Most readers will probably have already heard about the horrible set of choices that Angelina Jolie faced after finding out that her DNA contained a genetic marker that almost guarantees that she will face breast cancer in her future. Thanks to the genetic test, Jolie had an opportunity to make an informed choice about her treatment and chose a double mastectomy and later reconstructive surgery. Not everyone can afford the BRCA-1 test and surgeries, though, which means many women at this point don’t get the options that Jolie had. Is that an argument for ObamaCare? Hardly, argues Reason TV:
Angelina learned about her risks because of the sort of medical innovation in which the U.S. has long been the clear leader. She benefited from a genetic test that is at the center of a Supreme Court case challenging test-maker Myriad Technologies’ right to enforce genetic patents.
The ACLU and others have sued the biotech giant, saying that you can’t patent products of nature, or even seemingly unnatural products like Angelina’s perfect lips.
Wait, says, Reason’s Kennedy — how will ending patents on tests drive innovation? Short answer — it won’t:
Over the past few decades, America has lead the world in the number of new drugs being developed– and I’m not just talking about purple kush.
We’ve also led the way in developing a host on new technologies, too – like MRIs, CT scans, and genomic sequencing. …
Angelina’s test cost north of $3,000, well out of the price range of most women in America. But just like VCRs, cellphones, and Lindsay Lohan’s dignity, things that start out expensive and rare quickly become cheap and ubiquitous.
It’s not clear how the Supreme Court will rule in the Myriad Technologies case, but this much is more certain than the fact there’s not going to be a sequel to Salt: As Obamacare kicks in, groundbreaking genetic tests and preventative surgeries will remain elusive perks of the privileged, as innovation and patient choice are always the first things to go when bureaucracy and the state take over health care.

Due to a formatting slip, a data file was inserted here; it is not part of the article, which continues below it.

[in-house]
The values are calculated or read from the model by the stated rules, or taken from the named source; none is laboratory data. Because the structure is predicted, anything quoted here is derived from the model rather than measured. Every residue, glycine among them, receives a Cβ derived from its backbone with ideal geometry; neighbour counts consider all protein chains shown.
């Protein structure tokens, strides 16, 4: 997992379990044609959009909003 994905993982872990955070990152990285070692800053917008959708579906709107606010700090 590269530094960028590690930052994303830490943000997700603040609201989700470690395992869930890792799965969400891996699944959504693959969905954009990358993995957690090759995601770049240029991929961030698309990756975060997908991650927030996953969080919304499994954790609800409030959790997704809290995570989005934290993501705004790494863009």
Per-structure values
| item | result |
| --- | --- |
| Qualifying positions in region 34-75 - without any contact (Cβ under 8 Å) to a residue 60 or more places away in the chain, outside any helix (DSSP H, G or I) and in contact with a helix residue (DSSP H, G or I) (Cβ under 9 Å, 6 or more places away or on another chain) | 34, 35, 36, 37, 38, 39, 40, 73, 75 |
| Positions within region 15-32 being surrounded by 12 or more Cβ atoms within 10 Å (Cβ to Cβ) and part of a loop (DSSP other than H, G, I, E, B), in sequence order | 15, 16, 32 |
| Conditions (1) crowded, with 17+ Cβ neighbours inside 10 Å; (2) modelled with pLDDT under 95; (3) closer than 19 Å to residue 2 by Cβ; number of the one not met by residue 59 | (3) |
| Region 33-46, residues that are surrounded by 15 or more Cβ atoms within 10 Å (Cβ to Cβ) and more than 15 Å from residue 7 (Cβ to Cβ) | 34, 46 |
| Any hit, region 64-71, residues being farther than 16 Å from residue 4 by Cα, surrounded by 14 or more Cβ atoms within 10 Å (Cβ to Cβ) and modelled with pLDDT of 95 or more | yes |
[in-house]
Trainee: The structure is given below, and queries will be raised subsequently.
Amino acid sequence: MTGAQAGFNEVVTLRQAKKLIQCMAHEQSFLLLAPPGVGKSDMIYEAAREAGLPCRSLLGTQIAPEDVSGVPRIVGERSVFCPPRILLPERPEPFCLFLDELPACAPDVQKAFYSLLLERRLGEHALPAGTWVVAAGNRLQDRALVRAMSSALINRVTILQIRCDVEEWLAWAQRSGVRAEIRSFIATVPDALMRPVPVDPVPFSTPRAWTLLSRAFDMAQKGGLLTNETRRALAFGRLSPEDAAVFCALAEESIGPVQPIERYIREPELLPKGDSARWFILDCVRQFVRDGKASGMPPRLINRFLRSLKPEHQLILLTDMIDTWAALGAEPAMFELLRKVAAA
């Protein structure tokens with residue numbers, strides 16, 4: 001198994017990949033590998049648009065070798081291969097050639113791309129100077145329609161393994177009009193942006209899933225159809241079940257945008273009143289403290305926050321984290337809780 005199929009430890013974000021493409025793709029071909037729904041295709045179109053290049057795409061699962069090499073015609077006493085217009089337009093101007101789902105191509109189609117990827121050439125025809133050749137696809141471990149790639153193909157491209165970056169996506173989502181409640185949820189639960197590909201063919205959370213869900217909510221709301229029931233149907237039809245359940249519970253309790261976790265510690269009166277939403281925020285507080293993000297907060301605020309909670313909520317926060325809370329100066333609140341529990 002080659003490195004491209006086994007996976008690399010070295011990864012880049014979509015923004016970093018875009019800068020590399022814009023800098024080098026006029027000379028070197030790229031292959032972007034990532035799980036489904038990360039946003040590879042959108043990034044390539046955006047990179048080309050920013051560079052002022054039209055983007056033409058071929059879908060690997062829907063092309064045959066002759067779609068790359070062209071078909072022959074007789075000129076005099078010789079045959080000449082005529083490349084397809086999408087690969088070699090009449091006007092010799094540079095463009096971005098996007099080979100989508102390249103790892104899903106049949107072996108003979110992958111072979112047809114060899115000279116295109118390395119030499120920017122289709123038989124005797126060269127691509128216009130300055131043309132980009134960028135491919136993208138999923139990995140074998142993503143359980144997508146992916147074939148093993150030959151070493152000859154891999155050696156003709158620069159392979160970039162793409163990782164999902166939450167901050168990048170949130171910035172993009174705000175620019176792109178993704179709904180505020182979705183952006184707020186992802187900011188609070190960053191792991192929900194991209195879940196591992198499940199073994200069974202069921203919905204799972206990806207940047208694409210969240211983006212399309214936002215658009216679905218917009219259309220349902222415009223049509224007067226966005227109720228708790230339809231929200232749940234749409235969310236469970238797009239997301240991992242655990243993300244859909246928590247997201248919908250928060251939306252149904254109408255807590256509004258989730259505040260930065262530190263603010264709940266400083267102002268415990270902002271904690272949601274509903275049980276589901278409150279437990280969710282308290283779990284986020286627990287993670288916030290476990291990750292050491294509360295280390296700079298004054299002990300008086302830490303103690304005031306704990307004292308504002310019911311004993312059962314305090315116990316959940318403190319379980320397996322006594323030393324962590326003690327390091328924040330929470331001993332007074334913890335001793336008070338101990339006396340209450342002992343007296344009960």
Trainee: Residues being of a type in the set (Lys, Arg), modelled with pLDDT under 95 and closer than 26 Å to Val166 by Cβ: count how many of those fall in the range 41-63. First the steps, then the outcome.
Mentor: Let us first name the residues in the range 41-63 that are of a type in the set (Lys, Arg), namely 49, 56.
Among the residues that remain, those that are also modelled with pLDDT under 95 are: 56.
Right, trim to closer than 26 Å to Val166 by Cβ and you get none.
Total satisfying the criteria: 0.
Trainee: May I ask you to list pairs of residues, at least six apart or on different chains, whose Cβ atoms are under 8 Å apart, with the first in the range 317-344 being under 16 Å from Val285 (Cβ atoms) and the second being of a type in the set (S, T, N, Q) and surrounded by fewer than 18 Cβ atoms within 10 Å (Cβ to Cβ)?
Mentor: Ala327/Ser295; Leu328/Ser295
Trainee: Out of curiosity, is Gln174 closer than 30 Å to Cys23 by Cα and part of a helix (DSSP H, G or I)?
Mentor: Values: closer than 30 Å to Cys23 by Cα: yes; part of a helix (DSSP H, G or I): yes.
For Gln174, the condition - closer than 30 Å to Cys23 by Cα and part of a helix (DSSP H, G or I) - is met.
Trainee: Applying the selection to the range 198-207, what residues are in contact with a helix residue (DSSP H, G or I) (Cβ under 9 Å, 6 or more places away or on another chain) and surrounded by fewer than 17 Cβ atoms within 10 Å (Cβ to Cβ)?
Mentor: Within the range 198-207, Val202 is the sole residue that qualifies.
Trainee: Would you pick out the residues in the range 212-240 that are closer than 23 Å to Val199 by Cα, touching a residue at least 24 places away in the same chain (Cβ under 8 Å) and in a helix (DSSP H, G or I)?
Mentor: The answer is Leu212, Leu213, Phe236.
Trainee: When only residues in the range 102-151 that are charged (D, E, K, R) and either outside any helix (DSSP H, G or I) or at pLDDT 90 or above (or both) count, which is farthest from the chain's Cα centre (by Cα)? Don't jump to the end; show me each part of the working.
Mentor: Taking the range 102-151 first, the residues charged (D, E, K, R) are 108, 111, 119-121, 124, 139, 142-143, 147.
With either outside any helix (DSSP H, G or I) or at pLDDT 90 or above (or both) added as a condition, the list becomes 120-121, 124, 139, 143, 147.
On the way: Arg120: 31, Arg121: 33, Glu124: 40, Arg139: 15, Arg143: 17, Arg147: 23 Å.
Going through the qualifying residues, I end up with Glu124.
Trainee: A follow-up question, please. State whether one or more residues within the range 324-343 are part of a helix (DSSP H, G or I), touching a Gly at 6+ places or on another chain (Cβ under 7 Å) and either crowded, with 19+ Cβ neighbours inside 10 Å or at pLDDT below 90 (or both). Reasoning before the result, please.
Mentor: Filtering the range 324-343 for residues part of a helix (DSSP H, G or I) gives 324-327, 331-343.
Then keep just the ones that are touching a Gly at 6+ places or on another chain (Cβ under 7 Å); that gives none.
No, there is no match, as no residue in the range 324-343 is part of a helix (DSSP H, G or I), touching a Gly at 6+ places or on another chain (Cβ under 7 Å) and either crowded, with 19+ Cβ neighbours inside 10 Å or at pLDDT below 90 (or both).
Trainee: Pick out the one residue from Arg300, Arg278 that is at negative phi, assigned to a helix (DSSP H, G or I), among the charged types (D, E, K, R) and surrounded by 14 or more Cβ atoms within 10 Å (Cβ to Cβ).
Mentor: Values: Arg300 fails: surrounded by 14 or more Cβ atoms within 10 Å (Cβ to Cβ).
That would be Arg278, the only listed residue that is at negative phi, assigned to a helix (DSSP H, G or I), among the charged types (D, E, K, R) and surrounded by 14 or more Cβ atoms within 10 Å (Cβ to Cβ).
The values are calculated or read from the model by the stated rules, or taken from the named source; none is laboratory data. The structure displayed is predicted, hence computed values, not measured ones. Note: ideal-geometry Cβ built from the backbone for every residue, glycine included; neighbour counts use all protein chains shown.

Wait — there isn’t going to be a sequel to Salt?? Awwww ….
Of course, that still leaves the question of the surgeries that Jolie chose. Those provide an interesting contrast, because while mastectomies are covered by comprehensive health insurance, breast augmentation usually isn’t, although in the case of reconstructive surgery (as Jolie will need), some will. The plastic-surgery market therefore allows for full price signaling and competition, which makes breast-augmentation surgery a lot less expensive than the mastectomies (recognizing that the latter is more complicated than the former, too). If both markets had no third-party-payer screens on pricing signals and providers could compete directly rather than negotiate with insurers, mastectomies would still be more expensive than augmentations, but the difference would probably be considerably less — and innovation would drive the costs lower, just as they have with plastic surgery over the last couple of decades, too. For a while, plastic surgery was the exclusive province of the wealthy and famous, too, but not any longer.
The Lasik and plastic-surgery markets should have been the model for health-care reform. Perhaps after the inevitable failure of ObamaCare, we might give it a try.
Also, keep Angelina Jolie and all women who face this tough diagnosis in your prayers.